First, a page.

According to U.S. Census projections, 6 million seniors might be living in Florida by the end of this decade, so you should know ahead of time that you’re not likely to have the beach to yourself.
The year-round golfer
Speaking of Florida, the Sunshine State’s beaches aren’t the only retirement-centric draw. With more than 1,100 golf courses, Florida has more tee-time opportunities than any other state in the U.S.
Obviously, you don’t have to love golf to retire to Florida, but you might want to brush up on your golf lingo before you move.
You’re sure to end up in frequent conversations with passionate golfers, especially if you move to a retirement community on one of the sunny coasts.
Earn $200 cash rewards bonus with this incredible card
There's a credit card that's making waves with its amazing bonus and benefits. The Wells Fargo Active Cash® Card(Rates and fees) has no annual fee and you can earn $200 after spending $500 in purchases in the first 3 months.
The Active Cash Card puts cash back into your wallet. Cardholders can earn unlimited 2% cash rewards on purchases — easy! That's one of the best cash rewards options available.
This card also offers an intro APR of 0% for 15 months from account opening on purchases and qualifying balance transfers (then 20.24%, 25.24%, or 29.99% Variable). Which is great for someone who wants a break from high interest rates, while still earning rewards.
The best part? There's no annual fee.
The lonely recluse
Issues like hearing loss, the death of a lifelong partner, and physical limitations keep plenty of seniors isolated and alone. And since isolation can increase the risk of developing conditions like dementia by as much as 50%, loneliness becomes a type of vicious cycle, isolating individuals even further as they age.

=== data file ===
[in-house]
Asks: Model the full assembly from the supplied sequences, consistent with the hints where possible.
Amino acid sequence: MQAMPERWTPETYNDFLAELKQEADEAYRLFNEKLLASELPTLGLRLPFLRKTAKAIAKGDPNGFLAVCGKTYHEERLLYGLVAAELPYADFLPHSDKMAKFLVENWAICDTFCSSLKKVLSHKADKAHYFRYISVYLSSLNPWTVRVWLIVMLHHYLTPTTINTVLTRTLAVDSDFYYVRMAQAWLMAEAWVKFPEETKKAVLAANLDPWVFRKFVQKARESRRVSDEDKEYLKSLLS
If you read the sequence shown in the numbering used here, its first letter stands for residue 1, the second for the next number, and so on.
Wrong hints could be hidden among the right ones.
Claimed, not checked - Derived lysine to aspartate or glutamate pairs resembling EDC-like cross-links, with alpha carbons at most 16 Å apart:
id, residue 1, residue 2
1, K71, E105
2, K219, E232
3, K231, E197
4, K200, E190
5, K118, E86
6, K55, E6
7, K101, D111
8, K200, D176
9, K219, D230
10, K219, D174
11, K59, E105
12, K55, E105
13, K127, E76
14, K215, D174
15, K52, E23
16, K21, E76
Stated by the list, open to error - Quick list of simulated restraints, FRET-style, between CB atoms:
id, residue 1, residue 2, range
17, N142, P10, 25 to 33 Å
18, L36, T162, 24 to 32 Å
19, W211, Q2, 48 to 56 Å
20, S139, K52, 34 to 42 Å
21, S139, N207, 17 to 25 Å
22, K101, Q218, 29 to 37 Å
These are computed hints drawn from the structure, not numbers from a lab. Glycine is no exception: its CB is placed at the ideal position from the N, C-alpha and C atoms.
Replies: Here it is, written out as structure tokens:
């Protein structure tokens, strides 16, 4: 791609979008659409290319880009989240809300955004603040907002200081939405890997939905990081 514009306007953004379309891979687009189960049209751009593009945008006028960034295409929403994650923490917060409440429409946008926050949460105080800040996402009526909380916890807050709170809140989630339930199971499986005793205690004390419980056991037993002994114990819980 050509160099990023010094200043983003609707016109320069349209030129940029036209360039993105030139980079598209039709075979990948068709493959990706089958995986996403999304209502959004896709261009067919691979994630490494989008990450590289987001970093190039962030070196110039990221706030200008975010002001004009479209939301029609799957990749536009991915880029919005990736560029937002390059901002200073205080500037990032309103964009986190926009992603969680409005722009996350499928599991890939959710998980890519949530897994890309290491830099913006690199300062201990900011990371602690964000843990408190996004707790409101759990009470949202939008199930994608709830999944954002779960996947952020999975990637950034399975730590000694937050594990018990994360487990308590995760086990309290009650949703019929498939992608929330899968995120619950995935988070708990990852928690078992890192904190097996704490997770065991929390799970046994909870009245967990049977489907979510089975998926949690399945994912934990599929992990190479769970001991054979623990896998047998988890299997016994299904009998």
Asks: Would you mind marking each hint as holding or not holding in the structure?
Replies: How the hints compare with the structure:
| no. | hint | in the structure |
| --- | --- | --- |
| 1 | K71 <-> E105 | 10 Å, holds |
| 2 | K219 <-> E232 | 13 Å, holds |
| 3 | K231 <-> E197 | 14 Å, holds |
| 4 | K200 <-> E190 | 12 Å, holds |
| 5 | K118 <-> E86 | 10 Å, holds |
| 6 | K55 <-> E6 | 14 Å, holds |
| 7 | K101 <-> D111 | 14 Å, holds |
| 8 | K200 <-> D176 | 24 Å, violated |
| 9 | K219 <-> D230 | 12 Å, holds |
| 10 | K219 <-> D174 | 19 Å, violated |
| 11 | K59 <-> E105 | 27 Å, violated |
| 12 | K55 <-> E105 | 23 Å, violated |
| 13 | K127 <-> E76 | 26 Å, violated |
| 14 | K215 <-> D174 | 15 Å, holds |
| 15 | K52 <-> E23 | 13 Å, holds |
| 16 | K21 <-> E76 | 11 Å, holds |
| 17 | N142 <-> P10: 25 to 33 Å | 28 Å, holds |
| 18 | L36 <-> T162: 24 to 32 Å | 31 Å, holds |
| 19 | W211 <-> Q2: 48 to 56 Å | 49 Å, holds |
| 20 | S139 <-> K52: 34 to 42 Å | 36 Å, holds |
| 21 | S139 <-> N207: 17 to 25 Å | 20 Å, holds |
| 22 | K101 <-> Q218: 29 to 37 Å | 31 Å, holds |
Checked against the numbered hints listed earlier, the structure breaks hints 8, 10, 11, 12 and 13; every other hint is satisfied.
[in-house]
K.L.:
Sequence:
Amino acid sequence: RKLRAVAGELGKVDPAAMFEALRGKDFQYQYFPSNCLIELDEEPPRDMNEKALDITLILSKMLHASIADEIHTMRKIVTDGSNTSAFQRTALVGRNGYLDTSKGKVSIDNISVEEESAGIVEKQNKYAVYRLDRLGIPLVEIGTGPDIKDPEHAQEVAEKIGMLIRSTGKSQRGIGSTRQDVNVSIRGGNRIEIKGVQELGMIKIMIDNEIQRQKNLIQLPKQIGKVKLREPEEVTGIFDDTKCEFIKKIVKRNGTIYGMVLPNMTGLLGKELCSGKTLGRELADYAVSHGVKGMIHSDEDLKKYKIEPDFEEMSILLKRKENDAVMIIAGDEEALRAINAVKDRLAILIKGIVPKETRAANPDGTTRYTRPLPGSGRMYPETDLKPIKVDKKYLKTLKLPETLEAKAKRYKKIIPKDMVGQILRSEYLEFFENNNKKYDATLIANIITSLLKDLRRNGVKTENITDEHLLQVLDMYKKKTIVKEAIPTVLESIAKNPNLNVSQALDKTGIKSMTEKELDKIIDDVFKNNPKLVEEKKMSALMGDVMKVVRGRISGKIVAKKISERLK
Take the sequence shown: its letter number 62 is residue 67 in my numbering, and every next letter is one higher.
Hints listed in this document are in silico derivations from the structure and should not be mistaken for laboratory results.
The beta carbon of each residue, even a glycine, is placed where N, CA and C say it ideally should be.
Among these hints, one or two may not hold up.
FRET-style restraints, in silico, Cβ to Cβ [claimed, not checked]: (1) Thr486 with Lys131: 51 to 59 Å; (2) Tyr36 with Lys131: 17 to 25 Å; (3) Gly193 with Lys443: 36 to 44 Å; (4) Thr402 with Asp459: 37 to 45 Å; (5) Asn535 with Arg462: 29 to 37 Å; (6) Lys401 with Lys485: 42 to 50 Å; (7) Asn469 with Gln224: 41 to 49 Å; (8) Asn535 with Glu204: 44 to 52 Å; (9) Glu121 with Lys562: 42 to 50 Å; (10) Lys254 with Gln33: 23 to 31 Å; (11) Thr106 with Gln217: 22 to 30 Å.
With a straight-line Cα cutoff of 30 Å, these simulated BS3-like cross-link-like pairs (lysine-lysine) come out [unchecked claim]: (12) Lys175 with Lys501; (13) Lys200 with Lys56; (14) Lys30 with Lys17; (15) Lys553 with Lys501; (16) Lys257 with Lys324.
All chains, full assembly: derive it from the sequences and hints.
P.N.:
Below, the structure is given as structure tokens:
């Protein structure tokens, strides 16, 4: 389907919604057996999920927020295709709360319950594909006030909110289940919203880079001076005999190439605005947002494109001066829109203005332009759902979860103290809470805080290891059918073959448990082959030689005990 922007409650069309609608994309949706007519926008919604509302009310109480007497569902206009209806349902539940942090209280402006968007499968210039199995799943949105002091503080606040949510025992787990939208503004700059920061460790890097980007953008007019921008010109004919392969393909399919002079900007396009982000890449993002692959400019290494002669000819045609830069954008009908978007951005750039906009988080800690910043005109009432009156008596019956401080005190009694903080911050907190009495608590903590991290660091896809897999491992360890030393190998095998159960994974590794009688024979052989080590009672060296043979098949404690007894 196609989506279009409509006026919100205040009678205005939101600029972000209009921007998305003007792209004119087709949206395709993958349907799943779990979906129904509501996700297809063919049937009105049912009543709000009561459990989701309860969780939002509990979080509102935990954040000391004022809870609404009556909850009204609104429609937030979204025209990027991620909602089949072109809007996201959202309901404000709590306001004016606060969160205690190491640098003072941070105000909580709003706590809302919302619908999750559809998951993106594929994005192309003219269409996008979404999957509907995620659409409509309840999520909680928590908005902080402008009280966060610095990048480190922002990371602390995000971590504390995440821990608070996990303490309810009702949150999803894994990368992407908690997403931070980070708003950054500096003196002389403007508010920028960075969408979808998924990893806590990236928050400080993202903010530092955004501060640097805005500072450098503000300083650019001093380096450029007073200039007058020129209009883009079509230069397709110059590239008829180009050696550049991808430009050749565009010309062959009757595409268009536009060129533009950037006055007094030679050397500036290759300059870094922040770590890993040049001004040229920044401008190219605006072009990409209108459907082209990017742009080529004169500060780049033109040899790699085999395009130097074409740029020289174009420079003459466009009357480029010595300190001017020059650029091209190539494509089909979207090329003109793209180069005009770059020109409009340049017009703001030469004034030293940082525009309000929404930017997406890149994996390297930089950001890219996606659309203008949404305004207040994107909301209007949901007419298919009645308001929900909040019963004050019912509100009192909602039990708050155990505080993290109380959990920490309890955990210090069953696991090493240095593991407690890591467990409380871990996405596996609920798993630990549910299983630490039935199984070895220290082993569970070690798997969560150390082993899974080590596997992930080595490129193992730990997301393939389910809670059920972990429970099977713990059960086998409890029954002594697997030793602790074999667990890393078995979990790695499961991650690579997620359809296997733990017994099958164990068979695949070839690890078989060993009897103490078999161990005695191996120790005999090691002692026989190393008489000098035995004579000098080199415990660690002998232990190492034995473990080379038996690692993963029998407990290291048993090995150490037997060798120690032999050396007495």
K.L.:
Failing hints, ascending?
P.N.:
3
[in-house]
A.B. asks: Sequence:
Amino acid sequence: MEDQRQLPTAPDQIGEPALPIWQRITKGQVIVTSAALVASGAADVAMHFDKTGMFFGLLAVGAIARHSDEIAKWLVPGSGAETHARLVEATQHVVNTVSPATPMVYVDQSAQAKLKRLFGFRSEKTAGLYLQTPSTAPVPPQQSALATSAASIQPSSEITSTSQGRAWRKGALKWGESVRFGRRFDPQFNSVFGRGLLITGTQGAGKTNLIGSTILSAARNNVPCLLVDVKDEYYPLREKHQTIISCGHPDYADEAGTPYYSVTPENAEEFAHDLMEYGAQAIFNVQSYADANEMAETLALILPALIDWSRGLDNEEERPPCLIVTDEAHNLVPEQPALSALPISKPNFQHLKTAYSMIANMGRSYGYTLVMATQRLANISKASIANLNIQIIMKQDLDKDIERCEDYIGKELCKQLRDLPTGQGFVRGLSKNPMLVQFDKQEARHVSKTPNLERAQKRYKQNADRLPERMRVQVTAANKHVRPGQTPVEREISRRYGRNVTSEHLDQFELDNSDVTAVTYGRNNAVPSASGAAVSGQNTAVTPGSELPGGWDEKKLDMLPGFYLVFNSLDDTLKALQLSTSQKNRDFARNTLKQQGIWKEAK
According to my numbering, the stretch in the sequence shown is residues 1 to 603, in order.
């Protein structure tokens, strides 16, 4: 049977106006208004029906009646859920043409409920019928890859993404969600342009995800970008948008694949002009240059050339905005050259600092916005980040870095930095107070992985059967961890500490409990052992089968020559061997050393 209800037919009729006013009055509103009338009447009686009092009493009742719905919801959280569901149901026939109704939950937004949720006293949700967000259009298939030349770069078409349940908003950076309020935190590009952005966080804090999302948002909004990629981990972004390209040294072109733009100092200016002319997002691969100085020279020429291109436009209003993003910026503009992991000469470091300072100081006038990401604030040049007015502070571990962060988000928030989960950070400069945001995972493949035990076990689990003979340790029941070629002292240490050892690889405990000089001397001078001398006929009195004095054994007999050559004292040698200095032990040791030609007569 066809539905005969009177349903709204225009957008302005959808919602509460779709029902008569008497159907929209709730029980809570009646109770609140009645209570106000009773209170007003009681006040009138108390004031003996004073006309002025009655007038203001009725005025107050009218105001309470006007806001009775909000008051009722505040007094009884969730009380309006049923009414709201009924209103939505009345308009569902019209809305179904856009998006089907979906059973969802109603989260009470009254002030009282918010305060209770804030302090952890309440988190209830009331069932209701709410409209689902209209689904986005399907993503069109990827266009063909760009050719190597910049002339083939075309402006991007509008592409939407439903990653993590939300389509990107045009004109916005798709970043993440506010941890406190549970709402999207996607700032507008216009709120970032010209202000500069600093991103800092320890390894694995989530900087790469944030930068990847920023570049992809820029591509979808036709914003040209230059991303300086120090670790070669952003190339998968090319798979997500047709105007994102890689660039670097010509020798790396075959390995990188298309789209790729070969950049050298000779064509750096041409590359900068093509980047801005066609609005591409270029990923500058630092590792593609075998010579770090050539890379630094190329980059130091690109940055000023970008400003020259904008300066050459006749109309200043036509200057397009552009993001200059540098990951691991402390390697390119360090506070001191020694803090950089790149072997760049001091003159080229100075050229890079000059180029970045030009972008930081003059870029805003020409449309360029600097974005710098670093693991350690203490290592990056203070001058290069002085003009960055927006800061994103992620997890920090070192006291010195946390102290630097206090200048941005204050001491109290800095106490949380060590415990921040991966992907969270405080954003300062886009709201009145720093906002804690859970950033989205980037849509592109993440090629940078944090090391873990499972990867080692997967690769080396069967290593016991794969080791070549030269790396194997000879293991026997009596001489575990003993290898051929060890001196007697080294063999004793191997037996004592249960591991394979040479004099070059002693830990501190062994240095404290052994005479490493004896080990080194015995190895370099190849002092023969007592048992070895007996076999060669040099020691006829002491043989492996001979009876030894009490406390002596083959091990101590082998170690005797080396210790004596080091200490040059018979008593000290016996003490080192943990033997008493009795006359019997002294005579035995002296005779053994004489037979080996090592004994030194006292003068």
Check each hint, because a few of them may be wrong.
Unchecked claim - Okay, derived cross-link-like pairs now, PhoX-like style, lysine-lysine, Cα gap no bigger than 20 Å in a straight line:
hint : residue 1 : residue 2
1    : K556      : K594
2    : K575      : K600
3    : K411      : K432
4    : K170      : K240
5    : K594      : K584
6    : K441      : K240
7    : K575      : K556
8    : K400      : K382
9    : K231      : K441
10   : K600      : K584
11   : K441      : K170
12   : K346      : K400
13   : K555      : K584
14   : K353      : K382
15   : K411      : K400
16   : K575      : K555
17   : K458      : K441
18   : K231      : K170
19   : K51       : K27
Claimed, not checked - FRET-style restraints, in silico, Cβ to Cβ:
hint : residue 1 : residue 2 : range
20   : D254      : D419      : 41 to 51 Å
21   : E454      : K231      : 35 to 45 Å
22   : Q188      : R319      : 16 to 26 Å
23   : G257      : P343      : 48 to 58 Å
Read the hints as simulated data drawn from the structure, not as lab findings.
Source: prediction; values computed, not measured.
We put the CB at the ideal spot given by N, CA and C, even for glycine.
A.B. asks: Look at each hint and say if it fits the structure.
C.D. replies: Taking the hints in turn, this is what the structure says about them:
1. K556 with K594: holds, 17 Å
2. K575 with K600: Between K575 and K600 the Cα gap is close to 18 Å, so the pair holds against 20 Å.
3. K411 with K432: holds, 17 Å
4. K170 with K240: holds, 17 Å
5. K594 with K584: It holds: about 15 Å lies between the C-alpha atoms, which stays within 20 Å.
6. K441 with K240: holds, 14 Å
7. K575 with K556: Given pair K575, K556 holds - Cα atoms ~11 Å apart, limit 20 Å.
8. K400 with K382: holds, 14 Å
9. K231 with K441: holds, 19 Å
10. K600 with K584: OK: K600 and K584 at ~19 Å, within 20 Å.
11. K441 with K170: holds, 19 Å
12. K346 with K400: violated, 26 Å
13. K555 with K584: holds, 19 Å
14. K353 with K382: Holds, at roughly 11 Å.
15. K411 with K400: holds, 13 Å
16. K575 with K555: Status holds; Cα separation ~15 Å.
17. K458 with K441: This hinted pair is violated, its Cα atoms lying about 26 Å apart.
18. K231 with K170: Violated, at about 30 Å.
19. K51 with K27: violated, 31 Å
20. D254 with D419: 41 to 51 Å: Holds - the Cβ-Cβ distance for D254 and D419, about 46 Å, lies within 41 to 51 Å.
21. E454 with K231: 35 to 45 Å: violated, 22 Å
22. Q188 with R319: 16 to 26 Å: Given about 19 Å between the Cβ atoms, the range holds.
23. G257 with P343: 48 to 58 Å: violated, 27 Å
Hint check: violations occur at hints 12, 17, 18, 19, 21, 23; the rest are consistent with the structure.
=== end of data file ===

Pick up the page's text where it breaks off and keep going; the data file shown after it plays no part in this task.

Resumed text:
If you feel up to it, keep a lookout for retirees who fit into the lonely recluse category. Developing strong social connections will benefit both you and anyone else who ends up in your social circle, and creating your own community can keep your life interesting and meaningful after you finish working.
The outdoorsy campsite host
If you’ve spent any time camping, you’re familiar with the type of senior who pulls up stakes immediately after retiring, invests in an RV, and sets off to see every state and National Park in the country.
While hosts at state and federal parks don’t usually get paid, they do get their own campsite with utility hookups. And the National Park lifestyle is particularly appealing to frugal seniors: A lifetime National Park pass costs a one-time fee of just $80, and it’s available as soon as you turn 62.